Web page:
We had recently heard word that conceptual artist and CIA grad Jennifer Rubell was no longer the vegetable butcher at Eataly. So, we popped into the store to see who was wielding the knives and helping wayward customers dice and slice. And, of course, to learn the secrets of how one becomes a vegetable butcher.
“Customers pick out their produce and they bring their produce to the vegetable butcher. That’s just the beginning part of it, though. What’s been happening a lot is customers will come up to me and say, ‘I just bought some striped bass. What sorts of vegetables should I make with it?'” explains Joseph Nieves, who is one of Eataly’s two vegetable butchers, along with Alicia Walter. “We give them advice on how to cook their vegetables, and we introduce them to a lot of new vegetables and new ways to prepare them.”
Nieves notes that customers are intimidated by vegetables they haven’t seen before, but that artichokes and squashes are the most requested foods for assistance. “It’s very basic here,” he adds, refuting the idea that customers would ask him to brunoise a vegetable.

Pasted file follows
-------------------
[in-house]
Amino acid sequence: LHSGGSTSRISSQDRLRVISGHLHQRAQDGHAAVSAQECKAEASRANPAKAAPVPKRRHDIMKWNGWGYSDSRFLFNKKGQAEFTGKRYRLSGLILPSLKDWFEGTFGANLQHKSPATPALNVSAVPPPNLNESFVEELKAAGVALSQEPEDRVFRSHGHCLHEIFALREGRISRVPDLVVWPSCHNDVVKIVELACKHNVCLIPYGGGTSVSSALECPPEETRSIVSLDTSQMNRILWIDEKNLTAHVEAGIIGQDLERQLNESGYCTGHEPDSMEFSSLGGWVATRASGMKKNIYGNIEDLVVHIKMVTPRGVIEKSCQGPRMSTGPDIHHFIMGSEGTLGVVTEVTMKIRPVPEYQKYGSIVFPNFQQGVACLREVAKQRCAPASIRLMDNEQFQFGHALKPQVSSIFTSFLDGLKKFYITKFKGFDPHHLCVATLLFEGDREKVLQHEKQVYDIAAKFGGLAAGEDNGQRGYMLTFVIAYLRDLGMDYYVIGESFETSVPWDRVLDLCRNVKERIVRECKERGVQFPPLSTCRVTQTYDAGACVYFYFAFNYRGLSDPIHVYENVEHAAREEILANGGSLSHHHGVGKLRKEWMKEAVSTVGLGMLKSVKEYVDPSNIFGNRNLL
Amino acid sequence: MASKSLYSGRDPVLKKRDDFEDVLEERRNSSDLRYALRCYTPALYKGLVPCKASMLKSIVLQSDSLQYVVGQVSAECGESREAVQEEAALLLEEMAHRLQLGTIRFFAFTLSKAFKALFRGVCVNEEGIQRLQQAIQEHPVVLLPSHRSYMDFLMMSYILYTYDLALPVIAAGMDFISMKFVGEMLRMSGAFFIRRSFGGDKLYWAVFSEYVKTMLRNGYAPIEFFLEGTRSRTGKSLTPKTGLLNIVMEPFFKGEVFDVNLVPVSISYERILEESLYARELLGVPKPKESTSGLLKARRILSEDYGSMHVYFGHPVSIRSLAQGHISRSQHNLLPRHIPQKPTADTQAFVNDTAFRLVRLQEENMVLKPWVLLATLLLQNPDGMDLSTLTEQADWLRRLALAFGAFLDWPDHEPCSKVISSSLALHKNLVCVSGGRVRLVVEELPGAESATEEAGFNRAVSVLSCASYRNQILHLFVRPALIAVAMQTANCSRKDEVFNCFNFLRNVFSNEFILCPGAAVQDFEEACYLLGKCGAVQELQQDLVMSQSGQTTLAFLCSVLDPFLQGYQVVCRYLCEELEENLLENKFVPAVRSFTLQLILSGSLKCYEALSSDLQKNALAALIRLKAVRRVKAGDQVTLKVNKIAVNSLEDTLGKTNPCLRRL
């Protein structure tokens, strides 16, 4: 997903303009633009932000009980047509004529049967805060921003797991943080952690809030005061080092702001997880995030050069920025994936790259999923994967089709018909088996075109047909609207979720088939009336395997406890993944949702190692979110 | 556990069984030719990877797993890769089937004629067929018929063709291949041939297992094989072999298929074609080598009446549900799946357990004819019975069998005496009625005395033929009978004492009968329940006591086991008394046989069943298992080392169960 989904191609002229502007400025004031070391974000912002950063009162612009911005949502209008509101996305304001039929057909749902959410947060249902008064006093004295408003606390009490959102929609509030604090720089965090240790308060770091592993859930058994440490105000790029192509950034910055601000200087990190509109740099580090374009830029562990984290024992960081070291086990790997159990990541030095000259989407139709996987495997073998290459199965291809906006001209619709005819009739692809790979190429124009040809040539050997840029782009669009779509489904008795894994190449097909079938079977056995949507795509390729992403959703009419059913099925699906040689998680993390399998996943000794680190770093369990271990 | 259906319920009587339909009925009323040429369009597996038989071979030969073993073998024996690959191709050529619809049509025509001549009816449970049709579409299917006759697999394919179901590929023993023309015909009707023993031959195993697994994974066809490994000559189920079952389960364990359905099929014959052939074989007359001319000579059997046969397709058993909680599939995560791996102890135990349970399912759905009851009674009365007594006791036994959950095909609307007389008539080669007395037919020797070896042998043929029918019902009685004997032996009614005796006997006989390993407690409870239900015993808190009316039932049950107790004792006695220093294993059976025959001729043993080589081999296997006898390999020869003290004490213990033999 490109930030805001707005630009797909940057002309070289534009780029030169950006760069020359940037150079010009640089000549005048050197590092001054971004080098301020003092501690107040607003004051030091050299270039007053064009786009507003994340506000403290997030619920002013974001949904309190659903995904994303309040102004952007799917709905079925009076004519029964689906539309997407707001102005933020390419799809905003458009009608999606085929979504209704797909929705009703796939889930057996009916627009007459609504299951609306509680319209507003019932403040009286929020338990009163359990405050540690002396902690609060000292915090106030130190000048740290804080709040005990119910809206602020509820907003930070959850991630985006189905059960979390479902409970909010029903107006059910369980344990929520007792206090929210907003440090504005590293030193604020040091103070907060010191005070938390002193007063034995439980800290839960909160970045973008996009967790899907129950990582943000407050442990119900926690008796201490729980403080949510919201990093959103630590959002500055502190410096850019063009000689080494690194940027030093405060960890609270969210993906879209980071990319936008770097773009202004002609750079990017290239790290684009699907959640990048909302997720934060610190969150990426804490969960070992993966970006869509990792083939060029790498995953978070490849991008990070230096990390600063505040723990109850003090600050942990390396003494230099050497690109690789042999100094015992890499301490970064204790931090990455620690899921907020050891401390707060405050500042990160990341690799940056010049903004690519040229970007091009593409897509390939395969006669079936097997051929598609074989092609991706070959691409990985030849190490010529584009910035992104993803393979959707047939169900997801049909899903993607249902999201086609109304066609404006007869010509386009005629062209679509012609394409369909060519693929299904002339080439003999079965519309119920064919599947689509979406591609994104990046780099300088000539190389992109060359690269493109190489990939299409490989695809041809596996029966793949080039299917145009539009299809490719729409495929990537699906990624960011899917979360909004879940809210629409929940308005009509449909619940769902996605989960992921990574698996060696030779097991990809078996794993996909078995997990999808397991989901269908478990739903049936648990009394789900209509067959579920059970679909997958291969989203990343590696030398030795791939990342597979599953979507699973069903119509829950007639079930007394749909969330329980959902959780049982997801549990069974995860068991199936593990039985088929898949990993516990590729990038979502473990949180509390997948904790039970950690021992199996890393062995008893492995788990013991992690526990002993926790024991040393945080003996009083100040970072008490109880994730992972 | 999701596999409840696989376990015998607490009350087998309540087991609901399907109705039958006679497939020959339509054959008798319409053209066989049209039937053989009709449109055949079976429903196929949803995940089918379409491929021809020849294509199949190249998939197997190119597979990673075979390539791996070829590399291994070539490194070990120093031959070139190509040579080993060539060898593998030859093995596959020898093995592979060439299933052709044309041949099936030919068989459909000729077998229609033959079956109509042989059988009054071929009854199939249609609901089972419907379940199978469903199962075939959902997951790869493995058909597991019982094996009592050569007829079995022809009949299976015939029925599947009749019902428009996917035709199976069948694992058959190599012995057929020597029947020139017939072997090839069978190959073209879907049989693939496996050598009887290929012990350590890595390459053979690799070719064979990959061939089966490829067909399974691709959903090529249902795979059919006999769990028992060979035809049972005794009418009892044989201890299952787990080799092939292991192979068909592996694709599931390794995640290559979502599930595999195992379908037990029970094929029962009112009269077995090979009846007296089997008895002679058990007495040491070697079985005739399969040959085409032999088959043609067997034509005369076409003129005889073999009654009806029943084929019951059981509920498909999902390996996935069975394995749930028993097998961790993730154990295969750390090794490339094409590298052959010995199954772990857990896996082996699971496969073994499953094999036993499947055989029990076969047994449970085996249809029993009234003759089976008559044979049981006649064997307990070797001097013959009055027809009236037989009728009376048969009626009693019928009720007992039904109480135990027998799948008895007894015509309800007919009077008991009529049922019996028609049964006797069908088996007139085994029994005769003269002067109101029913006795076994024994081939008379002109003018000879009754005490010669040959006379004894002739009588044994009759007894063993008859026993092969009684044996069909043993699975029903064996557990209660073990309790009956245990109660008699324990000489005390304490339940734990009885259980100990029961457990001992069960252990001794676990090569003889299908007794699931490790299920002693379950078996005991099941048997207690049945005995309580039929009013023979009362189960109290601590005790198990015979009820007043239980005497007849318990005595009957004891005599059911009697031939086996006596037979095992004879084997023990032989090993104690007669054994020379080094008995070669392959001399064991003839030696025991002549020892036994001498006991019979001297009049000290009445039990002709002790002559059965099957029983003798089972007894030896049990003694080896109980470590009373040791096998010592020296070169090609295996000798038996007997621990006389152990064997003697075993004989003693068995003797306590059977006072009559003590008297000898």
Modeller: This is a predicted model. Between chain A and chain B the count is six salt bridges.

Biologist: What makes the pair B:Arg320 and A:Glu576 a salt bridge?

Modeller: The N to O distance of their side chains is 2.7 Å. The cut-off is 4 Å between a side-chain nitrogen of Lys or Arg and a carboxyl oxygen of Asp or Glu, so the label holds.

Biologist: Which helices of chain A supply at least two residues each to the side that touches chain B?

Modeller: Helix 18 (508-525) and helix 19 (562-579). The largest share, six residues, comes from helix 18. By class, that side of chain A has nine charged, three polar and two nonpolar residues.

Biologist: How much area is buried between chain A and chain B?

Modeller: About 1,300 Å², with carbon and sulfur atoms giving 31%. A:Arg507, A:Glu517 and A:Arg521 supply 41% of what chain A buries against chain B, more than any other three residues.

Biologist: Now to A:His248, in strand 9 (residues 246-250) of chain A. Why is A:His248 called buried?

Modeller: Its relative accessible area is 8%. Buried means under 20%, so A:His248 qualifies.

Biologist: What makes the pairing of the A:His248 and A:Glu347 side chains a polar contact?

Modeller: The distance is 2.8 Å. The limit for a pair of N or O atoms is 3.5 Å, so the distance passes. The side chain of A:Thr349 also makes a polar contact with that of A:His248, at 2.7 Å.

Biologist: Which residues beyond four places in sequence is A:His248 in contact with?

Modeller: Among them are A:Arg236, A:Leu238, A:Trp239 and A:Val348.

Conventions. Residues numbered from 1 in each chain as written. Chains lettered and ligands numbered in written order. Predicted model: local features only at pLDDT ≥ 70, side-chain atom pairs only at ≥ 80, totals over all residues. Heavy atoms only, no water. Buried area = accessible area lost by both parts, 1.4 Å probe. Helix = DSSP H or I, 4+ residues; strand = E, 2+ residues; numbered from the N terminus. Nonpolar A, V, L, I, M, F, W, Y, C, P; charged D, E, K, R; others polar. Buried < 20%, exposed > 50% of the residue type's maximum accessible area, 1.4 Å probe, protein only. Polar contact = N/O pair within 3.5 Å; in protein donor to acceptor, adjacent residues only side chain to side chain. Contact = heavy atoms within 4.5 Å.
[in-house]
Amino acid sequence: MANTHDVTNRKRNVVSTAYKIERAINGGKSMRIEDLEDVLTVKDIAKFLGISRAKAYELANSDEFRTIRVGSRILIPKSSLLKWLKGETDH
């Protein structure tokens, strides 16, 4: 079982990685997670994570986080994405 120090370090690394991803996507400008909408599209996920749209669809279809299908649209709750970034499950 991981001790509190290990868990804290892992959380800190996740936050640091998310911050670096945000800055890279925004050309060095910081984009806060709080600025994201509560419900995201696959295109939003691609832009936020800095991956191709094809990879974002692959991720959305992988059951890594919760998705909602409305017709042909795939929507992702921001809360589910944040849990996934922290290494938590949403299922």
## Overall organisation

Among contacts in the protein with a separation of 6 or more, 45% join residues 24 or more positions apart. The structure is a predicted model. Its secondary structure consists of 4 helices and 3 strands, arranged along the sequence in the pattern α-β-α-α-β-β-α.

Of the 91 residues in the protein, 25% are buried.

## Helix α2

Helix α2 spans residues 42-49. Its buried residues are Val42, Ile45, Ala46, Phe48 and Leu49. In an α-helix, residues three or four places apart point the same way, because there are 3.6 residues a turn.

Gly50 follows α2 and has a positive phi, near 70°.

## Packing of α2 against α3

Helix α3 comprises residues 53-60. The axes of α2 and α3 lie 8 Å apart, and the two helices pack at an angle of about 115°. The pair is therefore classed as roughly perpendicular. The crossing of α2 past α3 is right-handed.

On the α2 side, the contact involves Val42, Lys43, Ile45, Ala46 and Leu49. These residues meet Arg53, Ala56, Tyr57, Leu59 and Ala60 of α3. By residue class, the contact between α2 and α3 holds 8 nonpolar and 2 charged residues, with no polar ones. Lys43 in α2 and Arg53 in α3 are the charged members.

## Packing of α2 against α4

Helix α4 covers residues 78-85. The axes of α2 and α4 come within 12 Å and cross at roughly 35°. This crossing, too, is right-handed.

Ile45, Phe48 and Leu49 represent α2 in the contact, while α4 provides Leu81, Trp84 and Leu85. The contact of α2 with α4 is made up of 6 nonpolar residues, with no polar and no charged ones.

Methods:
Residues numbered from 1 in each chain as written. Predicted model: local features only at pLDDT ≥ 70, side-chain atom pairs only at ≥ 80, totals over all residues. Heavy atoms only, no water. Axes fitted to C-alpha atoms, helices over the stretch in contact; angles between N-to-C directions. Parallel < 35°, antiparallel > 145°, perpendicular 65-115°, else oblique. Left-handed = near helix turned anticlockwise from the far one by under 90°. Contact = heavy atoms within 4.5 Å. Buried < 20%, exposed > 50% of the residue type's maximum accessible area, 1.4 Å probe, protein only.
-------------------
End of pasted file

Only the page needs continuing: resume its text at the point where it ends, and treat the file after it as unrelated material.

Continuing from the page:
So how does one become a vegetable butcher? “I’ve been cooking for 13 years. I did Chinese food for a year and Thai for two years, and steakhouses. This is the first time I’m working with vegetables only. Jennifer Rubell came up with the concept with Mario Batali and she brought me under her wing and I studied with her for two weeks straight and she passed the torch down to me,” he explained. Nevertheless, potential veggie butchers need some experience. “You definitely need knife skills or you might lose some limbs and a history of vegetables. I don’t know everything about vegetables because it’s a never-ending experience, but I keep my vegetable encyclopedia underneath my station.”
Nieves added that he also helps prepare vegetables for La Verdure, Eataly’s veggie-friendly restaurant. “I’m not just here to work. I really do care about food. I’m not a salesman. I’m a foodie. I love food — preparing it, talking about it.”
Yet his aspirations go even further. “I’d like to take vegetable butchering on the road. I’m talking vegetable-butchering TV show, guest appearances on TV, and teaching worldwide about the service we provide.” Indeed, what’s a foodie career these days if you don’t have a television show?
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